New Harris Poll On Religion In America

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A new Harris Poll released today reveals that only 74% of Americans believe in God, an 8% decline since 2009.

Before today, U.S. adults had remained fairly consistent in their religious beliefs — 82% of U.S. respondents previously reported that they believed there was a God since 2005.

In another decline, only 54% of Americans are now "absolutely certain" in God's existence, a 12% decrease over the last decade.

Not all of us feel this way. The groups most likely to be certain of God's existence are Black Americans (70%), Republicans (65%), Baby Boomers (60%), Southerners (61%), and Midwesterners (58%), as well as anyone with a high school education or less (60%).

Written By: Megan Willett
continue to source article at businessinsider.com

14 COMMENTS

  1. “Nearly one-fourth of Americans (23%) identify themselves as “not at all” religious – a figure that has nearly doubled since 2007, when it was at 12%”.
    Double in 6 years, ….it requires repeating, Double in 6 years !!!

  2. It’s good to see the reduction in woo in the younger generation, but some of those figures are frightening in a technically advanced nation.

    60%+ holding many of these childish irrational beliefs.

  3. Could someone put together a graph overlaying the percentage of self-identified religious believers in the population against the number of times republicans get the word “atheists” into news headlines over time?

    I’m guessing there’s some sort of correlation just not sure if it inverse squared or cubed

  4. Encouraging that the figures are moving in the right direction, but still depressing that they are moving at a glacial rate (well, a glacial rate for my liking anyway)…

    It’s doubly depressing that there are still less than half (49%) of young adults that ‘believe’ in Evolution by Natural Selection (10% less than the number that believe in Angels for crying out loud)…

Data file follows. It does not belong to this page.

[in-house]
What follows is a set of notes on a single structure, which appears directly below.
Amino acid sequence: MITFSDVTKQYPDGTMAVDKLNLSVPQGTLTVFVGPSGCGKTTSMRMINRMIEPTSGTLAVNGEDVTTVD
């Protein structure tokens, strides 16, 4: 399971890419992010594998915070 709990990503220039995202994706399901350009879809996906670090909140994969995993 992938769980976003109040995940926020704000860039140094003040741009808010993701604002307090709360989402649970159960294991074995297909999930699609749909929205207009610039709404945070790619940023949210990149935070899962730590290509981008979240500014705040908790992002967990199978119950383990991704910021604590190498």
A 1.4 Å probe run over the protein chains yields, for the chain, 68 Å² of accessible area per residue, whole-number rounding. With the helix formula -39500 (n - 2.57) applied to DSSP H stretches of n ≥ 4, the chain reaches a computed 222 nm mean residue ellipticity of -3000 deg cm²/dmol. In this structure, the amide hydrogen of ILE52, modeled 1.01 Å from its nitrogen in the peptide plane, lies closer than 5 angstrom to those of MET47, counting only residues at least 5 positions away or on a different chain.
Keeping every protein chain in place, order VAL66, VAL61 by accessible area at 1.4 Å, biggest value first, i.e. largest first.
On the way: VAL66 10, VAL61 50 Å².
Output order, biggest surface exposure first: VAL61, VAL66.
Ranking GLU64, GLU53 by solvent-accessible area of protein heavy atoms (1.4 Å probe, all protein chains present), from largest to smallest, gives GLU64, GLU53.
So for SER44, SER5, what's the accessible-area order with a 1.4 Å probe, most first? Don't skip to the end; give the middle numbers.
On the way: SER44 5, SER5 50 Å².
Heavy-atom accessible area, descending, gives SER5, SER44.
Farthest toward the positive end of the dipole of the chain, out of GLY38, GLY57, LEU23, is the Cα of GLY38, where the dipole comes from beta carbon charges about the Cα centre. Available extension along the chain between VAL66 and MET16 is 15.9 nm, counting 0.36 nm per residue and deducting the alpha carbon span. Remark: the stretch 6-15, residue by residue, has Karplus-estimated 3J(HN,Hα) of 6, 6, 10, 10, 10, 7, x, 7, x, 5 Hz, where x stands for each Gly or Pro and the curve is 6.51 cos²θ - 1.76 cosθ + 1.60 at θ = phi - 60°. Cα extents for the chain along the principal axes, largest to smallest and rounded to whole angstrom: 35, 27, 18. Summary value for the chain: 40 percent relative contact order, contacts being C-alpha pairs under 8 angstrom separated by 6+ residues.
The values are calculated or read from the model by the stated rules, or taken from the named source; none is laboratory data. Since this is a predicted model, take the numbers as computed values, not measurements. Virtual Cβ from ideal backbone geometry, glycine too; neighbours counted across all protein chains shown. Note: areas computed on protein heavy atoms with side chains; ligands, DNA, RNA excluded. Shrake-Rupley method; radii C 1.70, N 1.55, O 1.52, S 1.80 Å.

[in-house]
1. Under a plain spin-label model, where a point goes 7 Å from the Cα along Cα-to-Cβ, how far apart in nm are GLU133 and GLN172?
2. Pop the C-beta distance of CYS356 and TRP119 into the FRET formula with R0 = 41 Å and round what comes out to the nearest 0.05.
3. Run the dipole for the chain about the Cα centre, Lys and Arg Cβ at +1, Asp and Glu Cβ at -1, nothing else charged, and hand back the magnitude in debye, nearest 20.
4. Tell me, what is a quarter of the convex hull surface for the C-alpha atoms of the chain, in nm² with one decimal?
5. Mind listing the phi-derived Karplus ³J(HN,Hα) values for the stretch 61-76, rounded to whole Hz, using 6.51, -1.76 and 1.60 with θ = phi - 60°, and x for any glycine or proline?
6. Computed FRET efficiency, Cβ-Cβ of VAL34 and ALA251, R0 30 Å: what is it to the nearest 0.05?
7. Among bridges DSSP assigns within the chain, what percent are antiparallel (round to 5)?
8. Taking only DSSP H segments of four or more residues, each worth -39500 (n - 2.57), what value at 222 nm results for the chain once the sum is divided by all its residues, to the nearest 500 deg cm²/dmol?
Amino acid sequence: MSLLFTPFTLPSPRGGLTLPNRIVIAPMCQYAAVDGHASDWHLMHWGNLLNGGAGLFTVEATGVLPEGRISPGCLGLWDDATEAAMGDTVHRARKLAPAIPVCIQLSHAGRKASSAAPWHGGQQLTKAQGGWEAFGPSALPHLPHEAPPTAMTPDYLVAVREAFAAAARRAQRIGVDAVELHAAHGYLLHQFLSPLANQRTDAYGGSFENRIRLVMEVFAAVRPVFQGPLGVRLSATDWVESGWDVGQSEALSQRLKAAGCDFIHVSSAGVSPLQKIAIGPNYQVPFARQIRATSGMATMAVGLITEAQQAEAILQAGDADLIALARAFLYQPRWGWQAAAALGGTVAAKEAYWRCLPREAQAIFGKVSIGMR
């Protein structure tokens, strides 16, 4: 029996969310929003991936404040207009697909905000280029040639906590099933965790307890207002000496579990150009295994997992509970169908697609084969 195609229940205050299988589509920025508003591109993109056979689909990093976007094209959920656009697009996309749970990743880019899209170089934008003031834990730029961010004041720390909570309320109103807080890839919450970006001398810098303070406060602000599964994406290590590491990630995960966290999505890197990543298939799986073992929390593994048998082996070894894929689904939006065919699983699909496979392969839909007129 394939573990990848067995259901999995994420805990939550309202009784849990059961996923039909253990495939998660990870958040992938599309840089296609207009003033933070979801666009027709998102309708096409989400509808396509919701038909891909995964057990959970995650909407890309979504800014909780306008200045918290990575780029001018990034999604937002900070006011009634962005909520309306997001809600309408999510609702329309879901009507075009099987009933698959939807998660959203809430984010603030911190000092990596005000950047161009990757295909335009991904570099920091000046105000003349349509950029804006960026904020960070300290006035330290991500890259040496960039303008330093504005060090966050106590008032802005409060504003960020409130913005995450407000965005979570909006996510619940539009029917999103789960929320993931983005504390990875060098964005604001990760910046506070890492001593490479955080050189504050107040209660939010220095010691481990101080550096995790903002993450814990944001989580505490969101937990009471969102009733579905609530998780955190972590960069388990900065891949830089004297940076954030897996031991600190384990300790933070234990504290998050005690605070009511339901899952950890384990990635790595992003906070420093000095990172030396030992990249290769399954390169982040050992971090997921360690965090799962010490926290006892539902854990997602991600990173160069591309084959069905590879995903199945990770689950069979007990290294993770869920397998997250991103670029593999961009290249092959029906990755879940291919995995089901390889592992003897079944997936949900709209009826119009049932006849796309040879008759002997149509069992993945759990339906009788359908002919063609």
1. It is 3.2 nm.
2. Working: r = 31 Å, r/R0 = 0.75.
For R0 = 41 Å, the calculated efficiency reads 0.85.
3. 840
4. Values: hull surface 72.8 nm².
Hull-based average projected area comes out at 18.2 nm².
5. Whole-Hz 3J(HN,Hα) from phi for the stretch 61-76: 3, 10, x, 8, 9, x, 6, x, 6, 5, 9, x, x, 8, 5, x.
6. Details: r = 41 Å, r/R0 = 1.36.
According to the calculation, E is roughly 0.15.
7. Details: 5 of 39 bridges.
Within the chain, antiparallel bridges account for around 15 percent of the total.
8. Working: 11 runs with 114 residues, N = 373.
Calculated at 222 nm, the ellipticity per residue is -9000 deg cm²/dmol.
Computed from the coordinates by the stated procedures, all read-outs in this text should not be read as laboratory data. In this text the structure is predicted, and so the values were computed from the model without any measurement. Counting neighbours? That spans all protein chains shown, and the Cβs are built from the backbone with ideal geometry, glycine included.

The US still has such a long way to go… :-(

  5. It is generally believed that surveys conducted by live interviewers tend to exaggerate the numbers of people who report the socially desirable, or less embarrassing, behavior,

    Yep. Religion is a badge of goodness, particularly in the US. Sadly, this change in polling method creates a little discontinuity in the data. The rate of change may be less than imagined. On the upside disbelief may have been more common than imagined before.

  6. Give me your tired, your poor,

    Your huddled masses yearning to breathe free,

    The wretched refuse of your teeming shore.

    Send these, the homeless, tempest-tost to me,

    And I will infect them with religion.

    • I thought I remembered reading a similar comment some time ago. And you made it. 2250 is not that small. Look up sample size and statistical significance. And not to be jerk, but the first sentence of the article states it was an online poll.

      In reply to #8 by holysmokes:

      Although this poll is encouraging, the number of people surveyed (2250) seems to be a bit too tiny for accurate results. I am curious as to how and where they conducted the poll.